Back on the South Downs Bagging Trig Points

It is just over a fortnight since I completed the South Downs Way; the week walking on the chalk downs gave me a real taste for the area.  Up until then my experience of walking on the Downs had been limited, but it is now one of my favourite locations to explore.

So today after dropping my son at Gatwick Airport I decide not to return straight home but instead stop off to explore the Devil’s Dyke area.  I head up Devil’s Dyke Road parking at the second car park on the right just before the turning to the Golf Club.

Starting my walk I join the footpath running behind the car park and head uphill to reach a crossing of paths where I take the footpath sign to cross a field.  Entering another field I turn right to follow the undulating path around its edge whilst enjoying the views.

On reaching a minor road, Saddlescombe Road, I turn right and walk a short distance to turn left to follow the driveway of Waterhall Golf Club towards the clubhouse.  In front of me in the distance is Waterhall Mill, built in 1885 and apparently the last mill built in Sussex, it continued to operate until 1924.  Reportedly it was used by the Home Guard as a look out post in World War II and converted into a private dwelling in 1963.

I pass the Waterhall Golf Club practice area, this is a municipal golf course owned by Brighton & Hove Council and opened in 1923.

After passing the Clubhouse I continue along the driveway to a gate and keep left on the path heading down between bushes to reach playing fields.

There is not much sport being played today; the area is populated with dog walkers and a flying astronaut.  I have never been good at kite flying, but this is like flying a giant balloon and looks relatively easy.  My view is reinforced when I see that the chap is sat in a chair whilst he flies it!

Continuing along the tarmac lane, Waterhall Road, I pass the playing fields and go straight on ignoring a turning to the right which goes under the A27.  I take a footpath on the left heading uphill across the downs to reach a gate to a track.  I follow this track up Sweet Hill.

There is a trig point besides the track and even though I have the grid reference it takes a lot of searching to locate it.  Eventually I spot it well hidden in the hedge and bag my 117thtrig.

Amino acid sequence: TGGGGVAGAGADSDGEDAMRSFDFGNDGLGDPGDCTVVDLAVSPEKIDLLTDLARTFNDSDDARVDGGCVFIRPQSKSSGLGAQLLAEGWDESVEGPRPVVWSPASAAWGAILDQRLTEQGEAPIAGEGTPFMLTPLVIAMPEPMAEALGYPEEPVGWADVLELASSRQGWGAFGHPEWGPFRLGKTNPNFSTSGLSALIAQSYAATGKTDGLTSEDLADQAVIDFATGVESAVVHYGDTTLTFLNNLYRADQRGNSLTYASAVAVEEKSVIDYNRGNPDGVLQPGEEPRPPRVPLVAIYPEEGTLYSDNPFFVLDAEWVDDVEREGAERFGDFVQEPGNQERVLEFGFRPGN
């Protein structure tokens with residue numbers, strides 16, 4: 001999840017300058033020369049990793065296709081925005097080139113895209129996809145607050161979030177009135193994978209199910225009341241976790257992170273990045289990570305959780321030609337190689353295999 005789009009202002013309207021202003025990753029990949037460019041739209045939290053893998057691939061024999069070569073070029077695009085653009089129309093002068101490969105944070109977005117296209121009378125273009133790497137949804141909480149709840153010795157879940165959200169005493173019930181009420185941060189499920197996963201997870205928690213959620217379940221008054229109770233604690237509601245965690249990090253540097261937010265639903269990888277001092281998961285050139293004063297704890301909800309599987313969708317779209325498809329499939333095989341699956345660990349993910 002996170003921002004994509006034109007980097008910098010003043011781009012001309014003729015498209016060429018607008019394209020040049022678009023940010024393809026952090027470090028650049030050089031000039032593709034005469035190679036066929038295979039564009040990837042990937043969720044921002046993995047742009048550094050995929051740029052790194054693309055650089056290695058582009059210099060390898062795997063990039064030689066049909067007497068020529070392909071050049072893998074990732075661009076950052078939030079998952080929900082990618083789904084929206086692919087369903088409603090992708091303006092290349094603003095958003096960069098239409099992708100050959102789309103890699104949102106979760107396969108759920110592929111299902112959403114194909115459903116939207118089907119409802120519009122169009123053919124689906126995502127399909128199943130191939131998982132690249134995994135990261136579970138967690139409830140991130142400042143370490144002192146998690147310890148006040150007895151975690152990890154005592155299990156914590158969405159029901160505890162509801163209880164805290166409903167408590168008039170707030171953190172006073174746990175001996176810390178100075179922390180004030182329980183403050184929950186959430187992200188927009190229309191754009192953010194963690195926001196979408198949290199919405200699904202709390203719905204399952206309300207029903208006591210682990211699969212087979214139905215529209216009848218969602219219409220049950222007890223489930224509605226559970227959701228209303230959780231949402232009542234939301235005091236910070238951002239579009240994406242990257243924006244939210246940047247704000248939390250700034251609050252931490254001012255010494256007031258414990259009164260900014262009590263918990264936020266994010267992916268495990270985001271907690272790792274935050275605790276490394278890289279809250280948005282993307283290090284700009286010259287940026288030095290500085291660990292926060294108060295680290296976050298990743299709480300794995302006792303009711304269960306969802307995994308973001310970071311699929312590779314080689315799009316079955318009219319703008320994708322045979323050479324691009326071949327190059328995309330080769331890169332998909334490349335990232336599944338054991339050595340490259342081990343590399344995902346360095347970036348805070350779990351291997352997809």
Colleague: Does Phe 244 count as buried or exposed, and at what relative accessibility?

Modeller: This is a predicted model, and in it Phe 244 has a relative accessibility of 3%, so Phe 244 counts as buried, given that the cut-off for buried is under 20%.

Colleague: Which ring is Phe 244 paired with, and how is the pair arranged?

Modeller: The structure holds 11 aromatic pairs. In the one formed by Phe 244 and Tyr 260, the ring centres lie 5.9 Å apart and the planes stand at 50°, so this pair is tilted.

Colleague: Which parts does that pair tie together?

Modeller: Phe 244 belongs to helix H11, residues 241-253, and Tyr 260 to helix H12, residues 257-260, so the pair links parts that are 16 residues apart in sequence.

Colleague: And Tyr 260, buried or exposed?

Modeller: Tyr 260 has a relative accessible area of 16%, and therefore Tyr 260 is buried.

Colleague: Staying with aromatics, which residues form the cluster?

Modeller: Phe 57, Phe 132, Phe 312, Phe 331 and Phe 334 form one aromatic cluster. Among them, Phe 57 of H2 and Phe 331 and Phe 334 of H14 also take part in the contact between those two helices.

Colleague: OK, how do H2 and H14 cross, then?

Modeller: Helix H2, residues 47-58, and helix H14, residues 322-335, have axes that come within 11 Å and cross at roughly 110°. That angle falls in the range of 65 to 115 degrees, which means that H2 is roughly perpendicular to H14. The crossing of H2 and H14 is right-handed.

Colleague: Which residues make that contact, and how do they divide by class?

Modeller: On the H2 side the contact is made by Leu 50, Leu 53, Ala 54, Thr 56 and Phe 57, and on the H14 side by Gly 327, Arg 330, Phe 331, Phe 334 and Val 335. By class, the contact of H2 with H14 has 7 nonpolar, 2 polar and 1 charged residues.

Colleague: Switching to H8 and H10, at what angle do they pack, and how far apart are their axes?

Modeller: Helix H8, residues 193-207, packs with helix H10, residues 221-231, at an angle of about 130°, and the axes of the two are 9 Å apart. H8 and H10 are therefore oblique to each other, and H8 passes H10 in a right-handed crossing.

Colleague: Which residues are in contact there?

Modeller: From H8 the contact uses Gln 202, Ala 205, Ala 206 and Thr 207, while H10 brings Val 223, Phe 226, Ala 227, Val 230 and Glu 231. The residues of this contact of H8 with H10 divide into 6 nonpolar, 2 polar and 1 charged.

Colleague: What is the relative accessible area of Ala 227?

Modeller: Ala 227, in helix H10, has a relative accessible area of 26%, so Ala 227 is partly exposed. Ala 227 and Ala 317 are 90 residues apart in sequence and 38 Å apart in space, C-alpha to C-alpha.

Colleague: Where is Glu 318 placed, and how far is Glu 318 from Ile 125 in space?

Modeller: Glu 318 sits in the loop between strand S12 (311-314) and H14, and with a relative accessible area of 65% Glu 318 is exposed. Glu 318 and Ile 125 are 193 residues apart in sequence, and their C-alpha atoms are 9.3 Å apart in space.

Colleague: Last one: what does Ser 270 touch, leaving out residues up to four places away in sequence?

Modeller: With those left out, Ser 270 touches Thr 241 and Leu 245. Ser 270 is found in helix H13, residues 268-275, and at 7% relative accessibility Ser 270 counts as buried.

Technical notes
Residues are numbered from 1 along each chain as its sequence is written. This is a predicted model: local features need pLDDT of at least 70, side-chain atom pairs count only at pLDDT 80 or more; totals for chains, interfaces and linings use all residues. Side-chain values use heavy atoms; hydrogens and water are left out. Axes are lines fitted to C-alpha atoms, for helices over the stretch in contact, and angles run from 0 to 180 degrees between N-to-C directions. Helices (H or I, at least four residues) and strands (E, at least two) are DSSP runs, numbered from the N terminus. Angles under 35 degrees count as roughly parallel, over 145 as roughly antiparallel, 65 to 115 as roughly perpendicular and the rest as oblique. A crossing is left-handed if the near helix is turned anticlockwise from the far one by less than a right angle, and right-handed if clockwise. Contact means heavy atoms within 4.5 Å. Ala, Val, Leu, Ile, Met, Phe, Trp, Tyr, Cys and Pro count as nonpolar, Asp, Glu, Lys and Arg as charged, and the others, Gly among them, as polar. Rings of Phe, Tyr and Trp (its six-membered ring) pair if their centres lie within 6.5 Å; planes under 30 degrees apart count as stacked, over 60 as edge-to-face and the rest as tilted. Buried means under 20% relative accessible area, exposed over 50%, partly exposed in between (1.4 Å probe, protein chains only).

I follow the broad track which is muddy in parts after the recent heavy rain.

In the distance to my right are the Jack and Jill Windmills at Clayton. I visited them a few weeks ago whilst walking the South Downs Way.

I am following the route of the Sussex Border Path but veer off this to the right at a junction of paths to continue steadily uphill to a fork in the path, I take the left option heading along a track to reach West Hill. Here I turn left towards Saddlescombe.  The views are stunning.

When I walked this path in the opposite direction a few weeks ago it was threatening rain.  Today it is warm and sunny and I have good views of Devil’s Dyke in front of me.  I am now on the South Downs Way (SDW) national trail.

I pass the farm at Saddlescombe and reach a minor road.

Crossing the road I follow the SDW markers uphill above Devil’s Dyke.

At the minor road I cross and then take a slight diversion from the SDW path to visit the Devil’s Dyke trig point.  I bagged this a few weeks ago, but it is well worth another visit.

I follow the embankment eastwards for a few hundred yards enjoying the view in front of me.

At a footpath I turn left and head the short distance back to the South Downs Way.  After going through a gate I leave the SDW by a path that heads diagonally across Fulking Hill, I am on the Sussex Border Path again.  Going though a gate I follow the clear path besides fields.

In front of me is a view of Brighton; this is a town I have not visited for years. Perhaps Lynnie and I should visit again to see what it is like these days.

Keeping on the well-defined path I head south ignoring a footpath on the right and eventually reach the trig point at Mount Zion, which becomes my 118th, it has easy access and fine views.

The path continues down a stony track and just before it reaches the A27 I turn left down the driveway towards a farm whose buildings and fields are devoted to horses.  This route is the Monarch’s Way and I soon pass a field with a bull who appears to be daring me to enter his territory.  He could easily be thinking the lines of Clint Eastwood’s ‘Dirt Harry’ character “Go ahead make my day!”

The path heads towards Brighton & Hove Golf Club, this lays claim to being one of the oldest courses in Sussex.  It was founded in 1887 but claims a history prior to that as a couple of chaps played the area for a few years before.

I follow the path past the golf course and then pick up the driveway to reach the Devil’s Dyke Road.  Here the sign for the course indicates all are welcome.  How things have changed.  Back in 1892 the Club opened a ladies course at Devil’s Dyke because the men did not want the “fairer sex” stepping on their course.  According to the Club’s website it was not until 1909 that ladies were allowed on the course and then they were barred on Saturdays and competition days.

I cross the road and turn right to walk the short distance back to my car.   It has been a stunning afternoon ambling on the South Downs; I have covered ten miles and now must drive home to Wiltshire.

To view this 10 mile walk on OS Maps Click Here

To follow our walk you will need Ordnance Survey Explorer Map  – OL11 Brighton & Hove

10th October 2018

© Two Dogs and an Awning (2018)

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